I haven’t been 8 years old in a long time. I realize pro sports puts business ahead of sentiment. And over time I gradually have become less of a fanatic about sports. But when I saw the headlines that Jim Thome had been traded from the White Sox, I felt as if I’d been punched in the gut. Really.
I haven’t been 8 years old in a long time.
I realize pro sports puts business ahead of sentiment.
And over time I gradually have become less of a fanatic about sports.
But when I saw the headlines that Jim Thome had been traded from the White Sox, I felt as if I’d been punched in the gut. Really.
I remember the buzz I felt the day before Thanksgiving of 2005, when I’d heard through the local grapevine that Thome would be coming from the Phillies to the Sox. I’d already met the guy, through his work raising money for the Children’s Hospital. Though I’d despised him when he played for the Cleveland Indians — nothing personal: Sox fans hate the Indians — I respected his hitting achievements.
For a Sox fan, it’s hard to explain what it meant to have Thome in the black pinstripes. In part, it was great to see the Sox, with their historically minuscule following here, get some attention from Thome’s star power. That connection got severed with the news late Monday about the trade to the Dodgers.
“I was just devastated,” says Frank Abdnour, 50, a Sox lifer. “ ... It was like grieving at a funeral.”
Abdnour is such a Sox freak that he gave out free ice cream at his Spotted Cow after the team won the World Series in 2005. That was just before Thome came to Chicago, an arrival that made Abdnour crazy with glee.
“Jim is what you want: he’s a throwback player,” Abdnour says. “It’s not about the money; it’s about the game.”
That was echoed by Greg “Gebby” Gebhards, whose Schooner’s pub in Peoria Heights boasts something of a Thome shrine: a display of his jerseys from the Sox, Indians and Phillies. Thome’s family and friends hang out there, which is why every year the bar raises thousands of dollars for Children’s Hospital of Illinois in Thome’s name.
I had the sad chore of phoning Gebhards Tuesday morning to wake him up and deliver the news of Thome’s departure.
“I’ll be damned,” blurted Gebhards, 61, who just got back from a trip to the baseball Hall of Fame, where he saw the display of Thome’s homer No. 500. “I think Jim Thome brings more to a ball club than just a hit. This guy is outstanding. You never hear a negative thing about him.”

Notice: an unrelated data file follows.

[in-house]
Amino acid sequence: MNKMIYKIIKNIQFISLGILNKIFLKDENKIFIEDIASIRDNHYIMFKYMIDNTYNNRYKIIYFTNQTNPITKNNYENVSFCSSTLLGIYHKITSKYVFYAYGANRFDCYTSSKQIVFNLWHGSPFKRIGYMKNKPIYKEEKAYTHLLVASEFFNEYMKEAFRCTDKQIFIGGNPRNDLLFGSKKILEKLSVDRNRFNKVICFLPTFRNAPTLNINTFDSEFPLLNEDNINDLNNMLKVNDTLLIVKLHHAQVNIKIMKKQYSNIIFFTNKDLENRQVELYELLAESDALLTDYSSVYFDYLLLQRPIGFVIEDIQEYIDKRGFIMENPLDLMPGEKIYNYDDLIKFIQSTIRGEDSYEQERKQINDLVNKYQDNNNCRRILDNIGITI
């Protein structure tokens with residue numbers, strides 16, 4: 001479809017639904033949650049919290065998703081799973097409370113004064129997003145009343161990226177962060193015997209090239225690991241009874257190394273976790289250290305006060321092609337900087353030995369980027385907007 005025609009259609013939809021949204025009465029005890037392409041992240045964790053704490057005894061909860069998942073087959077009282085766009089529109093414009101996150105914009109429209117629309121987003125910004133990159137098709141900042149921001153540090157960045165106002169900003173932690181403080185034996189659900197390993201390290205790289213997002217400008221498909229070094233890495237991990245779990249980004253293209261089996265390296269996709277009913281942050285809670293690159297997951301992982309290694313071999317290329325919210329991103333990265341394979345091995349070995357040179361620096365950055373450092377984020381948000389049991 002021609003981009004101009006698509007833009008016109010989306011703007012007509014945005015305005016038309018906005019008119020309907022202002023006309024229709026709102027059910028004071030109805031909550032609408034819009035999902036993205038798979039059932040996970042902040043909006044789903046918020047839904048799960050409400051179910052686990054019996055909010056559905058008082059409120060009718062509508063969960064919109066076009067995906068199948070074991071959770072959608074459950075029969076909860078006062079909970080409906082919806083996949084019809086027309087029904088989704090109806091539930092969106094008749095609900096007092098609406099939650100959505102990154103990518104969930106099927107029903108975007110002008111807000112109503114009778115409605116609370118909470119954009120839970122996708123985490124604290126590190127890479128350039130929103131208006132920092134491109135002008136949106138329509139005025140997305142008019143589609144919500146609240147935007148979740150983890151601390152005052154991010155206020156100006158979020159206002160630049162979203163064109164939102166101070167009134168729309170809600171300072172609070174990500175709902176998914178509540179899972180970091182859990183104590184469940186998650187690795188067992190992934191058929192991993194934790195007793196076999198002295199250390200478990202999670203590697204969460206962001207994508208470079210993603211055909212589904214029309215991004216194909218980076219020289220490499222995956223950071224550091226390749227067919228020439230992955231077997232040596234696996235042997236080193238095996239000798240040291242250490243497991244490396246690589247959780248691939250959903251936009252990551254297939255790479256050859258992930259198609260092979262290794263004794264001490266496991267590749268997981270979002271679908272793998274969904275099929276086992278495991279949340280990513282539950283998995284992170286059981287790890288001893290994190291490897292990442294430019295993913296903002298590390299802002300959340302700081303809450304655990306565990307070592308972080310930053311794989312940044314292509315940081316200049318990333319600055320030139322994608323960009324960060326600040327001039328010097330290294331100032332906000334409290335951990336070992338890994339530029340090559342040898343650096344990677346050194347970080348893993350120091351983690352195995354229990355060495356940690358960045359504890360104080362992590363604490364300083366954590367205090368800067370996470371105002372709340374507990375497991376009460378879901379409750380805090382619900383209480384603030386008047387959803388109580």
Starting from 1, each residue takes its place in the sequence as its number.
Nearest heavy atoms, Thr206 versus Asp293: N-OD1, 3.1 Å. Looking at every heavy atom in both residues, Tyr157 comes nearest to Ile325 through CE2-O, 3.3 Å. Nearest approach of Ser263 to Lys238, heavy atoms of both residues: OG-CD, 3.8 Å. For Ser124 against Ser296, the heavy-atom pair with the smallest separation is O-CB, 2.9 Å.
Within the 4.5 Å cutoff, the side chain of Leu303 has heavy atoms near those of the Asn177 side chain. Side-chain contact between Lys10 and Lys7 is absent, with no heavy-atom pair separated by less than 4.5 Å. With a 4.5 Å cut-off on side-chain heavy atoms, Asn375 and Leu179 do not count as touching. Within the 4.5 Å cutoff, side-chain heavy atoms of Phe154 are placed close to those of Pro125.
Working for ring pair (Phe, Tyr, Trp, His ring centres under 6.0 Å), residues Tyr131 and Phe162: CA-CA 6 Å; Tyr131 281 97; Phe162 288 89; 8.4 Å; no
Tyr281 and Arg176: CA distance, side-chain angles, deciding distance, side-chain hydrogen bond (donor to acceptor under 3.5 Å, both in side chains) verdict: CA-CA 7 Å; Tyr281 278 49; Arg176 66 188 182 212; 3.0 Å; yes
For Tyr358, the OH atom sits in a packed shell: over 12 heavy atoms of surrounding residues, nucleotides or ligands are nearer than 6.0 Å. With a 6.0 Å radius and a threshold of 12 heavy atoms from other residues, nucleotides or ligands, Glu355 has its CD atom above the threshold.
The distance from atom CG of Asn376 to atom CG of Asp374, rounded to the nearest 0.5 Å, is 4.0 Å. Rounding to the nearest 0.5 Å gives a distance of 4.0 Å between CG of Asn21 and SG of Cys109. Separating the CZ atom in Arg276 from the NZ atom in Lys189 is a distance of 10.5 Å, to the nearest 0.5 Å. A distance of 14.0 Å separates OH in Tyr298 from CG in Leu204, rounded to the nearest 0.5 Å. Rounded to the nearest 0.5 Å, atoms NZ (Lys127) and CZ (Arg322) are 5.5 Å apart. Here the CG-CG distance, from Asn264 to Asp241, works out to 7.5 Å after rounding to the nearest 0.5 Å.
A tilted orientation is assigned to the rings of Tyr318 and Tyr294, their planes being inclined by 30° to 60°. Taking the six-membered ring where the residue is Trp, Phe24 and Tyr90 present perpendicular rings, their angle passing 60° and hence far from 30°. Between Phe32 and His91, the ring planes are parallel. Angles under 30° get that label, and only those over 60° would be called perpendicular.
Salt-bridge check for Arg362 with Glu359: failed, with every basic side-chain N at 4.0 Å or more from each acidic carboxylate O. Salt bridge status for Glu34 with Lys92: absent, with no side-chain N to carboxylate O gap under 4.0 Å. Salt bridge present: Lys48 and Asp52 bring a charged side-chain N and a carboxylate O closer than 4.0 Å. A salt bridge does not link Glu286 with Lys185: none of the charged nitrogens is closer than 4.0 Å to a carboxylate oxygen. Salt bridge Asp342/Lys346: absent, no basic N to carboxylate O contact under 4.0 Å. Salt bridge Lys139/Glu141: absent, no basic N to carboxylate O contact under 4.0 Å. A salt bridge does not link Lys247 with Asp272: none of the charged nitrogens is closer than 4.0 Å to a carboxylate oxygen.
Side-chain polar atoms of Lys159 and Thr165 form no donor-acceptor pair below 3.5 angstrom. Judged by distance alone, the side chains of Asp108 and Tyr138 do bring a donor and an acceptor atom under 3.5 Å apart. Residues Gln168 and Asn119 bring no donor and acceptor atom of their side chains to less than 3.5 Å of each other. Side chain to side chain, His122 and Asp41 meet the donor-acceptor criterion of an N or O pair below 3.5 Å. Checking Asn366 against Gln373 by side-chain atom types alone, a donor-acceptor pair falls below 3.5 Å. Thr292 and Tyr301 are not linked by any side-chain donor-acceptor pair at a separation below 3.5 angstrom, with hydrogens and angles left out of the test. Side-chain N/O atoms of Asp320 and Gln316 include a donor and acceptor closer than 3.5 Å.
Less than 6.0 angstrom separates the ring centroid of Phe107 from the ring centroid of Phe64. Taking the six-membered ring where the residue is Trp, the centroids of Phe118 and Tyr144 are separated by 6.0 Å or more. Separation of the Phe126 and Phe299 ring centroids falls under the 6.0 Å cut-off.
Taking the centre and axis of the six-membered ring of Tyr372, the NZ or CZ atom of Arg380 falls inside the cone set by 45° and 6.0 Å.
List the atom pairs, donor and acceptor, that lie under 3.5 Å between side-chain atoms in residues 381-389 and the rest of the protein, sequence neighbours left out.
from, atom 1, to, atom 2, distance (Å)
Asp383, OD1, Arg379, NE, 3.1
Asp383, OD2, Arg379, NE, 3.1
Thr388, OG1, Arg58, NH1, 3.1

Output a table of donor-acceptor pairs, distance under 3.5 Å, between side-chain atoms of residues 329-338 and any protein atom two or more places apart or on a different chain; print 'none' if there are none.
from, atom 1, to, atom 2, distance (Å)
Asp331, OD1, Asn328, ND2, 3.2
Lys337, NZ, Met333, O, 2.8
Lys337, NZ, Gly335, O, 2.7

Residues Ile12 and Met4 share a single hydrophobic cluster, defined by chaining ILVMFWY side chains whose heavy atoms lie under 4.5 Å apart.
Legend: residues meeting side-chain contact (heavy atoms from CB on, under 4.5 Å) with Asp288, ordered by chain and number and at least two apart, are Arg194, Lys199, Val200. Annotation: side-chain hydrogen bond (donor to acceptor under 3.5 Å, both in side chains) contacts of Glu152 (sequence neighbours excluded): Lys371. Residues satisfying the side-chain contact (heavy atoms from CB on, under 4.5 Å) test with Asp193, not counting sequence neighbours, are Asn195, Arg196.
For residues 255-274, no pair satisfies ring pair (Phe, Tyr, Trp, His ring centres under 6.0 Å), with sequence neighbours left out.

And what a game he played. Says Gary Egel, 54, a lifelong Sox supporter: “Look at how many big moments he had with the Sox.”
There was his first home game, in 2006, which he won with a home run. There was the one-game playoff game last season, which the Sox won 1-0 on a Thome homer. And, of course, there was his 500th blast, which Egel tracked down in the stands in the hands of another fan — and helped arrange a trade that got the ball for the Thome family.
Egel and a small band of other locals ensured a Peoria presence at every Sox home stand over the past three years. At first, that surprised Thome’s father, Chuck Thome; when he first heard about the 2005 trade, he told Egel and others with exasperation, “There’s about seven Sox fans in central Illinois.”
So, Egel and the rest bought Chuck Thome, 74, a Sox shirt with the number 8 — as in the 8th Sox fan in the Peoria area. Egel laughed at the recollection Tuesday, saying, “I bet there’s now more than seven Sox fans and Jim Thome fans in central Illinois.”
Chuck Thome would agree. He talked to his son just after the trade late Monday, asking why the Dodgers wanted to bring in the 39-year-old veteran just to pinch-hit. Dodger general manager Ned Colletti had told Jim Thome that the team wanted him as a leader as much as a slugger.
“The main thing is to make you a presence in the clubhouse,” Colletti told Jim Thome. “We got a lot of young guys and we think you can show them how to play this game.”
Chuck Thome is excited for his son, who with the first-place Dodgers might win the World Series — something he’s never done. I told Chuck Thome, “That’s great for you: you’re a Jim Thome fan. But I’m a White Sox fan. And this stinks.”
Chuck Thome laughed. Still, he does have a couple of small regrets about the trade. For one, the new role as a part-timer means Jim Thome will lose maybe 100 at-bats this season, which hurts his march toward the vaunted threshold of 600 home runs. Further, Chuck Thome no longer will be able to zip up to Chicago to see his kid play.
Still, Chuck Thome thinks his son likely will go back to the American League as a designated hitter next year, maybe even with the Sox — and eventually get homer No. 600. And for now, Chuck Thome will gladly jump on a plane to Los Angeles whenever he gets the urge. He’ll be there Wednesday night, along with Jim Thome’s wife and children.
Look, I’m glad for Jim Thome. Really. I hope he seizes post-season glory on a national stage. But I’d harbored a kid-like fantasy of his winning the Series with the Sox — not this year, but some day. And then maybe he’d go into the Hall of Fame with a Sox cap on his plaque.
Um, no loss about the latter, Chuck Thome told me.
“He was probably figuring on going in as an Indian anyway,” Chuck Thome says.
I have one and only one sports jersey with a pro’s name on it. That would be a Sox T-shirt, with “THOME 25” on the back.
I think I’ll wear it one more time, Tuesday night. Then I’ll put it away, along with all of my silly, childlike baseball dreams.
Good luck, Jim. Thanks.
Peoria Journal Star columnist Phil Luciano can be reached at firstname.lastname@example.org or (309) 686-3155.